March 10, 2016

Your Partner Could Be Making You Fat

Couples develop eating habits, and this can mean they put on pounds together. Time for a strategy.

You married your spouse for richer and poorer, in sickness and in health, but what about obesity and overweight?

Your risk of becoming obese has more to do with the lifestyle you lead with your significant other than the way you were brought up by your parents.

It doesn't matter if you were raised in a household where you only had desserts on weekends and there were fresh vegetables at every meal; by mid-life that influence has faded, and the diet and exercise choices you and your partner make every day have a greater impact on your weight than the habits your parents drilled into you at home, according to a new study.

Another piece of the puzzle as researchers expand their understanding of the relationships among obesity, genetics, and lifestyle.

Researchers analyzed data from 20,000 Scottish families and compared family genetics and home environments in childhood and adulthood. Then they scored these traits scored against measures of health and obesity — including blood pressure, total body fat, body mass index and waist to hip ratio — among the people in the study.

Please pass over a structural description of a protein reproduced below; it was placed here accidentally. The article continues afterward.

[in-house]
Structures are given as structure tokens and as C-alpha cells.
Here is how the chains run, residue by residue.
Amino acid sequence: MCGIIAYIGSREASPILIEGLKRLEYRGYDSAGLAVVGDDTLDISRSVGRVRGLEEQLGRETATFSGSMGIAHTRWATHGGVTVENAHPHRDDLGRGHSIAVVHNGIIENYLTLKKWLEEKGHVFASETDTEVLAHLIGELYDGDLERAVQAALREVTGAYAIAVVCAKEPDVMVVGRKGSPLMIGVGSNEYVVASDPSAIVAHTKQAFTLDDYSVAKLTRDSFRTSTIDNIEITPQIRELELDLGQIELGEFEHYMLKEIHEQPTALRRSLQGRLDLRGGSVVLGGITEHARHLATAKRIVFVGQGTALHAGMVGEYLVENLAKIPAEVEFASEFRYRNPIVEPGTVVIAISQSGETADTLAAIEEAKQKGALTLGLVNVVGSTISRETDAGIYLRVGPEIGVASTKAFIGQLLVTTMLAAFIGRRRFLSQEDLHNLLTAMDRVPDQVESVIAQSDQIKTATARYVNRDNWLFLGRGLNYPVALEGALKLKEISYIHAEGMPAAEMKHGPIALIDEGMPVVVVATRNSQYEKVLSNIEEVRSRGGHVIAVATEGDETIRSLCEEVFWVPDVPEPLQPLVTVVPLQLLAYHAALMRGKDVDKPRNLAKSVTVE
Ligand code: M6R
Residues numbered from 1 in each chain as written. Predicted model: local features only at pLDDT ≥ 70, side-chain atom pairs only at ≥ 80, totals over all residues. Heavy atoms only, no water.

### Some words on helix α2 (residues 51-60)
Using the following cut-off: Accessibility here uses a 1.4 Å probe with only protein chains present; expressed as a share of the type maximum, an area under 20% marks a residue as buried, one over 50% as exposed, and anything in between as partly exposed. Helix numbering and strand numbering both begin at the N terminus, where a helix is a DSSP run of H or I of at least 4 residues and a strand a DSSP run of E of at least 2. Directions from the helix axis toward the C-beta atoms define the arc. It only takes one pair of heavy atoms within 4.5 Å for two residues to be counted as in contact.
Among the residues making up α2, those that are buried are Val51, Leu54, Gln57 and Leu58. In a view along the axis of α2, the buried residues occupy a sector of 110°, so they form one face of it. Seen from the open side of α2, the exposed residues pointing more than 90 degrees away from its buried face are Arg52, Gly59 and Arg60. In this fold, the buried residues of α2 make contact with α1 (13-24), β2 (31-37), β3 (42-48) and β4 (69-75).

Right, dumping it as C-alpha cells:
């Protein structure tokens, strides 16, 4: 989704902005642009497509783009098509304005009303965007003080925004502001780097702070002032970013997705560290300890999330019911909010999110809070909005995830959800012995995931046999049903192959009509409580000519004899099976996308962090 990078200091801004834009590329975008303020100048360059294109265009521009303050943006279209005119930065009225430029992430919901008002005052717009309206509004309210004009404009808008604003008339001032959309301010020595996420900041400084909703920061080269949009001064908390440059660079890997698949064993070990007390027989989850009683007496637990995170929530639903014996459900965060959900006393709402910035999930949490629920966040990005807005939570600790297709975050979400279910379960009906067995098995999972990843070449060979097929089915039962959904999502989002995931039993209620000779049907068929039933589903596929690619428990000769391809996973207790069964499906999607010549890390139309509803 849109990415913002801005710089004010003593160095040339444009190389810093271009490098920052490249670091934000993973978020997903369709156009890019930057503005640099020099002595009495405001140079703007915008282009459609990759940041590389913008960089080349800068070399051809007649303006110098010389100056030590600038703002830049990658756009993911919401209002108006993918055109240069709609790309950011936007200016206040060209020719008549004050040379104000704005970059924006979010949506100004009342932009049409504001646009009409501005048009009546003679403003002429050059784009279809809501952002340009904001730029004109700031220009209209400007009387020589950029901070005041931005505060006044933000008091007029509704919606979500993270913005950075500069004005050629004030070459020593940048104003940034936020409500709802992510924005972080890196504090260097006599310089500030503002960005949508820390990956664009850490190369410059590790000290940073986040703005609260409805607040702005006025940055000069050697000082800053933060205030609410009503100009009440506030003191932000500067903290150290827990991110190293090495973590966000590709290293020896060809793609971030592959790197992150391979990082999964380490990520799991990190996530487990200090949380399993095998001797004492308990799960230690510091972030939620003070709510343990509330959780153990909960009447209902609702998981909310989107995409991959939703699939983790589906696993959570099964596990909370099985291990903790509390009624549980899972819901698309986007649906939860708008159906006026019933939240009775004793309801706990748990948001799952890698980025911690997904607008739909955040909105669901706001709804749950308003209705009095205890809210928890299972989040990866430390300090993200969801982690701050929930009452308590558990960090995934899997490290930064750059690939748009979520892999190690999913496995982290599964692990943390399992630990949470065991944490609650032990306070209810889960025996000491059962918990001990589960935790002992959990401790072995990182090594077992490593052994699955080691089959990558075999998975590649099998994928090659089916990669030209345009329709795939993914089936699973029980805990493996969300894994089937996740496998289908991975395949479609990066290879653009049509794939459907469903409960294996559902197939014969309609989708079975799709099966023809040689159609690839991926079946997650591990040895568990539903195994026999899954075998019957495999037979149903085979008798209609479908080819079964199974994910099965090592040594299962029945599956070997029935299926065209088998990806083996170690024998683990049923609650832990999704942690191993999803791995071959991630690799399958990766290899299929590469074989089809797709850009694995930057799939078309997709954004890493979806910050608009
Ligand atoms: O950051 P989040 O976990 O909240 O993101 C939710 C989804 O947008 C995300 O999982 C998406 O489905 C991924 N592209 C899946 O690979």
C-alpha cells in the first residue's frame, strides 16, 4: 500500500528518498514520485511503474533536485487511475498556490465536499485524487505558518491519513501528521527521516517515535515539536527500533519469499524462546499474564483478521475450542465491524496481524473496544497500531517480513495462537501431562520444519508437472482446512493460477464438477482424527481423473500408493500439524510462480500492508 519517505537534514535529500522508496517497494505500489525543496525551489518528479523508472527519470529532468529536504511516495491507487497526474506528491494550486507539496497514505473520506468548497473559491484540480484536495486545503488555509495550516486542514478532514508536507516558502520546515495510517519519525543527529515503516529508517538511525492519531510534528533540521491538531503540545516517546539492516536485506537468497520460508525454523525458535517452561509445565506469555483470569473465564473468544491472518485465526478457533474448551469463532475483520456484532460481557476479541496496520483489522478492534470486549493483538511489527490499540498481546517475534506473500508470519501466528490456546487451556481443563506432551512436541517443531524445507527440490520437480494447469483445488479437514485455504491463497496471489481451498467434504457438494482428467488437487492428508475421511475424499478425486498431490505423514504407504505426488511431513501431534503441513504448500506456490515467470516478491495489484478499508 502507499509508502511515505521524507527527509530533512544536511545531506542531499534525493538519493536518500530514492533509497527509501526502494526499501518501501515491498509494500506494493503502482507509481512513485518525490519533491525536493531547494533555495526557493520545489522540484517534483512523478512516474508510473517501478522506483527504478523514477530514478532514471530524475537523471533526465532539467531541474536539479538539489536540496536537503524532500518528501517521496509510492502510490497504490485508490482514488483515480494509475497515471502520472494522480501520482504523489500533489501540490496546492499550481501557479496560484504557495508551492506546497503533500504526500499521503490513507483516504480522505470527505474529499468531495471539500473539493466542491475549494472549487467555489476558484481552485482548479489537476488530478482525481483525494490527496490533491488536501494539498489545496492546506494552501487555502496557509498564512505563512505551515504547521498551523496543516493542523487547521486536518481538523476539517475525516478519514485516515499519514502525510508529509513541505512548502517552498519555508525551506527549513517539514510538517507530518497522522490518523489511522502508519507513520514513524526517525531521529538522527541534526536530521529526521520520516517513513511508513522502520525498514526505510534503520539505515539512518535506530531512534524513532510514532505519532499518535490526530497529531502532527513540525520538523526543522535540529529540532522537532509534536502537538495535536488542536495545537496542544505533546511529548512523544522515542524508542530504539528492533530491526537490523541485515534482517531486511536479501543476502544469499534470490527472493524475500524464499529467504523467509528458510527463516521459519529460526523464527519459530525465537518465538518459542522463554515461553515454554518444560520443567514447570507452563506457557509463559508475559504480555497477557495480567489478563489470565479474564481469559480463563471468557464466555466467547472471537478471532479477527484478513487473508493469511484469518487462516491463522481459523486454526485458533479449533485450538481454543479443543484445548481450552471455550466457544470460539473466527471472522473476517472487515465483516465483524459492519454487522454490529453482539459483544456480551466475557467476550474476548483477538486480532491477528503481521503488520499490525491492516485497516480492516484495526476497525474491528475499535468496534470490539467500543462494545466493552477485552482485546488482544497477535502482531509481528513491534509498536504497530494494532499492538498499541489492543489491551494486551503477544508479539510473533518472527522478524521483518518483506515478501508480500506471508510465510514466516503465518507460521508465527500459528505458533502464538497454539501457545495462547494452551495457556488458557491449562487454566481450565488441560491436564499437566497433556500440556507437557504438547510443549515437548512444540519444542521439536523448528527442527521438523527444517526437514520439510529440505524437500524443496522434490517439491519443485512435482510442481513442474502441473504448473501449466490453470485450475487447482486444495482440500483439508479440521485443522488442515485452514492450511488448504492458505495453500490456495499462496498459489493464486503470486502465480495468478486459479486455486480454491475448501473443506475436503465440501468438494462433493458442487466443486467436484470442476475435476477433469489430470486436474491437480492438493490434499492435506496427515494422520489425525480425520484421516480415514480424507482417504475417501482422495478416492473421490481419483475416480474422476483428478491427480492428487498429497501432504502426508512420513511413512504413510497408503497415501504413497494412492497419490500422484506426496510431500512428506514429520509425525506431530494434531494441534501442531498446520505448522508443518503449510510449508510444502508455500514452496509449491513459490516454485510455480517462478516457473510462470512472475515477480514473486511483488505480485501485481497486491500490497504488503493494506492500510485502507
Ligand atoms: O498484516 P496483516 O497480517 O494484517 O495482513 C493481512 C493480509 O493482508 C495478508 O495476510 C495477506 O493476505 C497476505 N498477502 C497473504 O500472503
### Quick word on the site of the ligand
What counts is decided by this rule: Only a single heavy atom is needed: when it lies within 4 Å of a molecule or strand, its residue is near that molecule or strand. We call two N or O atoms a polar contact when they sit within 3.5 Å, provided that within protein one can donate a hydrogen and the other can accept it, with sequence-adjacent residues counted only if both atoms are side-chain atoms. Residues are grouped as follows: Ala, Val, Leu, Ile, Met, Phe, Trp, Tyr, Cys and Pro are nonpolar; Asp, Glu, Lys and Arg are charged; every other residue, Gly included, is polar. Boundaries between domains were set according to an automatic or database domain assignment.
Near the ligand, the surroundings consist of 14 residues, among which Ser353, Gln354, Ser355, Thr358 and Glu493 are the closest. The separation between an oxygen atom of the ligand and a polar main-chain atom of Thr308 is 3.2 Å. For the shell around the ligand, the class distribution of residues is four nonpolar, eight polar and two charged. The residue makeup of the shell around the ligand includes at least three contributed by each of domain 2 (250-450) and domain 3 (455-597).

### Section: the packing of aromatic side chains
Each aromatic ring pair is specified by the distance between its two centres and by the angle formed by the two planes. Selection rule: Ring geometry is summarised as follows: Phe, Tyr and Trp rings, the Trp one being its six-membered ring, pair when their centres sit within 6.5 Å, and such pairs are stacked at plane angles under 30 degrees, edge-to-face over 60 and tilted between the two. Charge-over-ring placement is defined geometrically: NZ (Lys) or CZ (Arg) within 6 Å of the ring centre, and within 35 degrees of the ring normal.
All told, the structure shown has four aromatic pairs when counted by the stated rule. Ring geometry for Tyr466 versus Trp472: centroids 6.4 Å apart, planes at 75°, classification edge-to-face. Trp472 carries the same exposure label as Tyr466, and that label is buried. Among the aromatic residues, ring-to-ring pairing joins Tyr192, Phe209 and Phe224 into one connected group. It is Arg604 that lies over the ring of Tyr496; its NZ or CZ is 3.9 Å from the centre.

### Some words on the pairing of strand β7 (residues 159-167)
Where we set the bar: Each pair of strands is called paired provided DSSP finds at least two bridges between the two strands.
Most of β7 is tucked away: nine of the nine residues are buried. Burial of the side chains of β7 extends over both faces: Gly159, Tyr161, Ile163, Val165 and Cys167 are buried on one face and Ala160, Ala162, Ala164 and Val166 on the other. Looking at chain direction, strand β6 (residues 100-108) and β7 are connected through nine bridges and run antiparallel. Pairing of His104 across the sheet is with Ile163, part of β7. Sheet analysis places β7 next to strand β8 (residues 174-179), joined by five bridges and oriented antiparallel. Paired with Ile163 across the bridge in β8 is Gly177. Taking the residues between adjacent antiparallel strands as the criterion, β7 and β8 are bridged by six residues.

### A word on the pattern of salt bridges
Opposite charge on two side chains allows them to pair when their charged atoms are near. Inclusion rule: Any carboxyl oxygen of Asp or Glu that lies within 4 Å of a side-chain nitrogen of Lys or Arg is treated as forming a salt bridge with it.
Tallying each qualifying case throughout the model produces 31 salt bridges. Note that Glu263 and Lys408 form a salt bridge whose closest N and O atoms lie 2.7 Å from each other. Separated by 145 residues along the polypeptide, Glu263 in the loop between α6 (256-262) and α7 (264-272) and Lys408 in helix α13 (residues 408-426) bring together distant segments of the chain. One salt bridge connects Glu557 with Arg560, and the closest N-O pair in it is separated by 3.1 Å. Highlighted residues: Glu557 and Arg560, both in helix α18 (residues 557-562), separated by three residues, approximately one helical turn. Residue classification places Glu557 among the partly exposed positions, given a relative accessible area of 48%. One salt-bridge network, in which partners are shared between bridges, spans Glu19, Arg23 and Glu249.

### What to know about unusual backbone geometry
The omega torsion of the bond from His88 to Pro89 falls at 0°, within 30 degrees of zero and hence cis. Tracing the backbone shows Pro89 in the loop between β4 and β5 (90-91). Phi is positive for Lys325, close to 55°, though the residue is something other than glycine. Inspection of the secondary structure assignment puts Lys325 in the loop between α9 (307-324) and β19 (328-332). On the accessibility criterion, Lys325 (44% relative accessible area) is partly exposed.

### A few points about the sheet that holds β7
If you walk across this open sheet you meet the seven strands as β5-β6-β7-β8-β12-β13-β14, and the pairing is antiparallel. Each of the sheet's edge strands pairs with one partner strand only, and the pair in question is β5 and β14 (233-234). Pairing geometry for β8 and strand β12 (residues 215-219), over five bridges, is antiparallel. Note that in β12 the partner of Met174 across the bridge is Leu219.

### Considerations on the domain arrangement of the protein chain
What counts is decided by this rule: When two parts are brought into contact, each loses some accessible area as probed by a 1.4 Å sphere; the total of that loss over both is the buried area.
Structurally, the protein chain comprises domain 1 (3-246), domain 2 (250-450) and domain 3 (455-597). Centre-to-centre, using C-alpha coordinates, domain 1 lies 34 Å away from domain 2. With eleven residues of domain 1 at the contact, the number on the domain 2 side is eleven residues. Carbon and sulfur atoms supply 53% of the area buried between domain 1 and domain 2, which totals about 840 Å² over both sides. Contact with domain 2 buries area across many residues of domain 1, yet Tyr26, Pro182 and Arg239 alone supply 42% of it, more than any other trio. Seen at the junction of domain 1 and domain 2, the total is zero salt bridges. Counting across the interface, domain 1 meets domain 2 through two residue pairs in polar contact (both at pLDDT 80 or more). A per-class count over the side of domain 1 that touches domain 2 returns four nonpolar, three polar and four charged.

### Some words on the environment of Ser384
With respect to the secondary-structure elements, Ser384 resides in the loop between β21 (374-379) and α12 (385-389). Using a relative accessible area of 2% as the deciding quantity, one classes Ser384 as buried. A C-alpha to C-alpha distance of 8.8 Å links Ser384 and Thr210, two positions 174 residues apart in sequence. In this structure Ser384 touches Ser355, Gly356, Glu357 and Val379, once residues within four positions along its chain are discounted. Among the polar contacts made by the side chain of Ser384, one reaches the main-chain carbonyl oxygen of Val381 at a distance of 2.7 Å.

It turns out the lifestyle a couple leads together has much more influence on their weight and risk of developing obesity than their upbringing.

“Although genetics accounts for a significant proportion of the variation between people, our study has shown that the environment you share with your partner in adulthood also influences whether you become obese and this is more important than your upbringing,” researcher Chris Haley, of the University of Edinburgh, said in a statement. “The findings also show that even people who come from families with a history of obesity can reduce their risk by changing their lifestyle habits.”

This is another piece of the puzzle as researchers continue to expand their understanding of the relationships among obesity, genetics and lifestyle. The diet and exercise choices you make as an adult can significantly impact the battle of the bulge, regardless of genetics.

There are several things you can do to prevent obesity. First, eat a diet rich in plant foods with moderate amounts of lean meats. Limit how often you eat sweets and fried foods, as well as creamy, cheesy sauces. Avoid processed foods, be smart when you eat out, and learn to cook healthy meals — cooking classes can be a good way for you and your significant other to change your eating habits.

You also might join a gym or a running group with your partner; take daily walks, kayak, swim laps, take dance lessons, or do yoga or Pilates. Just choose physical activities you both enjoy —whether together or separately — and do them regularly. The combination of an active lifestyle and good nutrition with a another person who values the same choices is a good hedge against obesity and the chronic diseases that it causes. It's even more important to your adult health than your mom’s most passionate pleas to eat your veggies.

The study is published in the journal PLOS Genetics.

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